"I guarantee you I wouldn't be here alive if the football team didn't step in," Butler said in the Spike Lee documentary on the topic "Two Fists Up."

You don't have to agree with what happened here, but you should prepare for more of it. What has followed is a tsunami of collegiate and societal change.

Colin Kaepernick's national anthem protests filtered down to college. The NCAA is trying to keep one step ahead of the courtroom in terms of player compensation.

There is an ongoing mandate to lessen time demands put on athletes for their sports.

"The Missouri athletes were a spark," said Mizzou doctoral student Reuben Faloughi. "These national anthem protests in the NFL? I definitely think they were influenced by what happened here at Mizzou."

Faloughi, 25, played football at Georgia before transferring to Missouri to pursue his graduate degree in counseling psychology. Along the way, he became an activist, joining ConcernedStudent 1950. Faloughi said the Ferguson protests 2 ½ years ago changed his outlook.

"When Michael Brown happened, it was like a veil was lifted from my eyes," said Faloughi, who is African-American. "Suddenly, I realized I could be Michael Brown.

"You have a growing mass of athletes who understand this is just a game. We have a platform. There's this social responsibility we can't back away from."

There is no closure a year later. Big 12 commissioner Bob Bowlsby has predicted there will be a day "the popcorn is popped, the TV cameras are there, the fans are in the stands and the team decides they're not going to play."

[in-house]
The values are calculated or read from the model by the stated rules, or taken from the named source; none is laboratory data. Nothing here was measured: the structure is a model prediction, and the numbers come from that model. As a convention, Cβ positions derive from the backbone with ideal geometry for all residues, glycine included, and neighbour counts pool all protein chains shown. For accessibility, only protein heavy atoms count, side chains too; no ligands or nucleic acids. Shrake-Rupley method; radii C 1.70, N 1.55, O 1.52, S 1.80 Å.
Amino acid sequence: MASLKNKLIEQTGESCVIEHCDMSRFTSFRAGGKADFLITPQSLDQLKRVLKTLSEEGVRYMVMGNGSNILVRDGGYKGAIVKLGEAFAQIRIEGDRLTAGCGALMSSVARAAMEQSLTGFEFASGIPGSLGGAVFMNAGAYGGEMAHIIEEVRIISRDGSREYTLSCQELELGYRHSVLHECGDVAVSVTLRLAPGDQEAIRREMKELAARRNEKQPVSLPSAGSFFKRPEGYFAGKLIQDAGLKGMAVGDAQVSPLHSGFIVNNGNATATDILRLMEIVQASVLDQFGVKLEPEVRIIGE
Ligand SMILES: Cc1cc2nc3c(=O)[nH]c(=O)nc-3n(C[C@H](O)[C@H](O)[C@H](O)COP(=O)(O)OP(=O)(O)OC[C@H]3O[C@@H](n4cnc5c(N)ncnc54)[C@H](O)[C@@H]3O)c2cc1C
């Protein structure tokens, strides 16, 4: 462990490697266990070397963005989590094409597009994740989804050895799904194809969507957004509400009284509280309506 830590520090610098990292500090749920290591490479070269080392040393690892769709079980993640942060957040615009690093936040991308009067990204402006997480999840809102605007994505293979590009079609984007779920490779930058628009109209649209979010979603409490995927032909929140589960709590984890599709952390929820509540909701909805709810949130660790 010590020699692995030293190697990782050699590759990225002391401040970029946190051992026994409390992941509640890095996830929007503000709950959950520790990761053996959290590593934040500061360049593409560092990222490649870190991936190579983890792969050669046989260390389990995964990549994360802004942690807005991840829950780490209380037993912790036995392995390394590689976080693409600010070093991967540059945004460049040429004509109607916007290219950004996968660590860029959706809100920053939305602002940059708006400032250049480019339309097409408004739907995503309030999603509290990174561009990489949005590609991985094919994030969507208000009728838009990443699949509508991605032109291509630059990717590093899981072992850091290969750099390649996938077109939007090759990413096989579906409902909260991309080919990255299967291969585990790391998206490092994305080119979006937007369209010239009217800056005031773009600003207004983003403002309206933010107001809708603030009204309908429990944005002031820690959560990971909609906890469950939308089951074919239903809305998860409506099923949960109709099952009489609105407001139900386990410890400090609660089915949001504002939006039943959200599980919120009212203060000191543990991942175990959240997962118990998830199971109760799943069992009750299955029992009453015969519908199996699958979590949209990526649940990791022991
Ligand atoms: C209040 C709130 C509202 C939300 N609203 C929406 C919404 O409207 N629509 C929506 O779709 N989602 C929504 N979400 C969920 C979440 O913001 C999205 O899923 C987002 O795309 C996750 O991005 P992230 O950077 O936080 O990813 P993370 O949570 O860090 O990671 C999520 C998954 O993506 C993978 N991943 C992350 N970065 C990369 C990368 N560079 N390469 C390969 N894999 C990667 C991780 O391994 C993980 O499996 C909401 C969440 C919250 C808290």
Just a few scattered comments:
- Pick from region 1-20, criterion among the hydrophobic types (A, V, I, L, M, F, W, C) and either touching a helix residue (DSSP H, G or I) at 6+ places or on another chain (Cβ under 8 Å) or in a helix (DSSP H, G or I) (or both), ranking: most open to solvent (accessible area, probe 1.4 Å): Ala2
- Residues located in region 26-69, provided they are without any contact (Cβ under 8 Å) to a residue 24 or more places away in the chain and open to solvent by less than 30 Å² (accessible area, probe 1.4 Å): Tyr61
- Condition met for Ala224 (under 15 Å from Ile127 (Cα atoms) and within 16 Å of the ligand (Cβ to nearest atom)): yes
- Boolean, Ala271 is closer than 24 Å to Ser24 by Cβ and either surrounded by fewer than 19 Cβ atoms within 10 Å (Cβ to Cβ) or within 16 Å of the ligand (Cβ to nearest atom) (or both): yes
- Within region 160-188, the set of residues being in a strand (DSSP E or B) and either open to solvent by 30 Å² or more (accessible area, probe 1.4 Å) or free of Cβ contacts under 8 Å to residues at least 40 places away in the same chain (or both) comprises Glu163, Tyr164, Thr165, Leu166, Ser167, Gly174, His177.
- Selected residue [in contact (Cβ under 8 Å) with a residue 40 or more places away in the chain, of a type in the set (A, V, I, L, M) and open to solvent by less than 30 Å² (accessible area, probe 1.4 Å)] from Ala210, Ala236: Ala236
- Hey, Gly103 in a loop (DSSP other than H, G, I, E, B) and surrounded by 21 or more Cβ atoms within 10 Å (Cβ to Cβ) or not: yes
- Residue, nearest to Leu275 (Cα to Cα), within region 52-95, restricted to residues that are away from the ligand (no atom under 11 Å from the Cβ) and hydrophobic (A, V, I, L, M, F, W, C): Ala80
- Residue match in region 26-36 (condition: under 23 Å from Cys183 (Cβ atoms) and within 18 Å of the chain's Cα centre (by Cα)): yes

"Our games will be the target of civil disobedience," Bowlsby said Monday. "Like in the Missouri situation, outside entities will put pressure on the players."

Faloughi echoed a complaint from the Missouri players during last year's protests. They're heroes on game day but second-class citizens the rest of the week.

"I tell people, 'You're a demigod on Saturday,'" Faloughi said. "White people want you to kiss their baby. But the six other days in the week, you're just a black person in America."

All of it shed light on a reputation of racial intolerance this city and campus has had to live down. Columbia's nickname is "Little Dixie." Lee filmed that documentary earlier this year chronicling the recent unrest.

Interim president Michael Middleton, an African-American, came to Mizzou on a music scholarship and played in the marching band. It was a tradition at that time, he said, to play "Dixie" at halftime while a Confederate flag was unfurled.

Former coach Woody Widenhofer was still being asked questions in the 1980s about his ability to recruit African-American players out of St. Louis.

After the unrest of last year, a Missouri state representative suggested football players lose their scholarships.

In September, the Delta Upsilon fraternity here was temporarily suspended after a group of African-American students said racial slurs were hurled their way by frat members.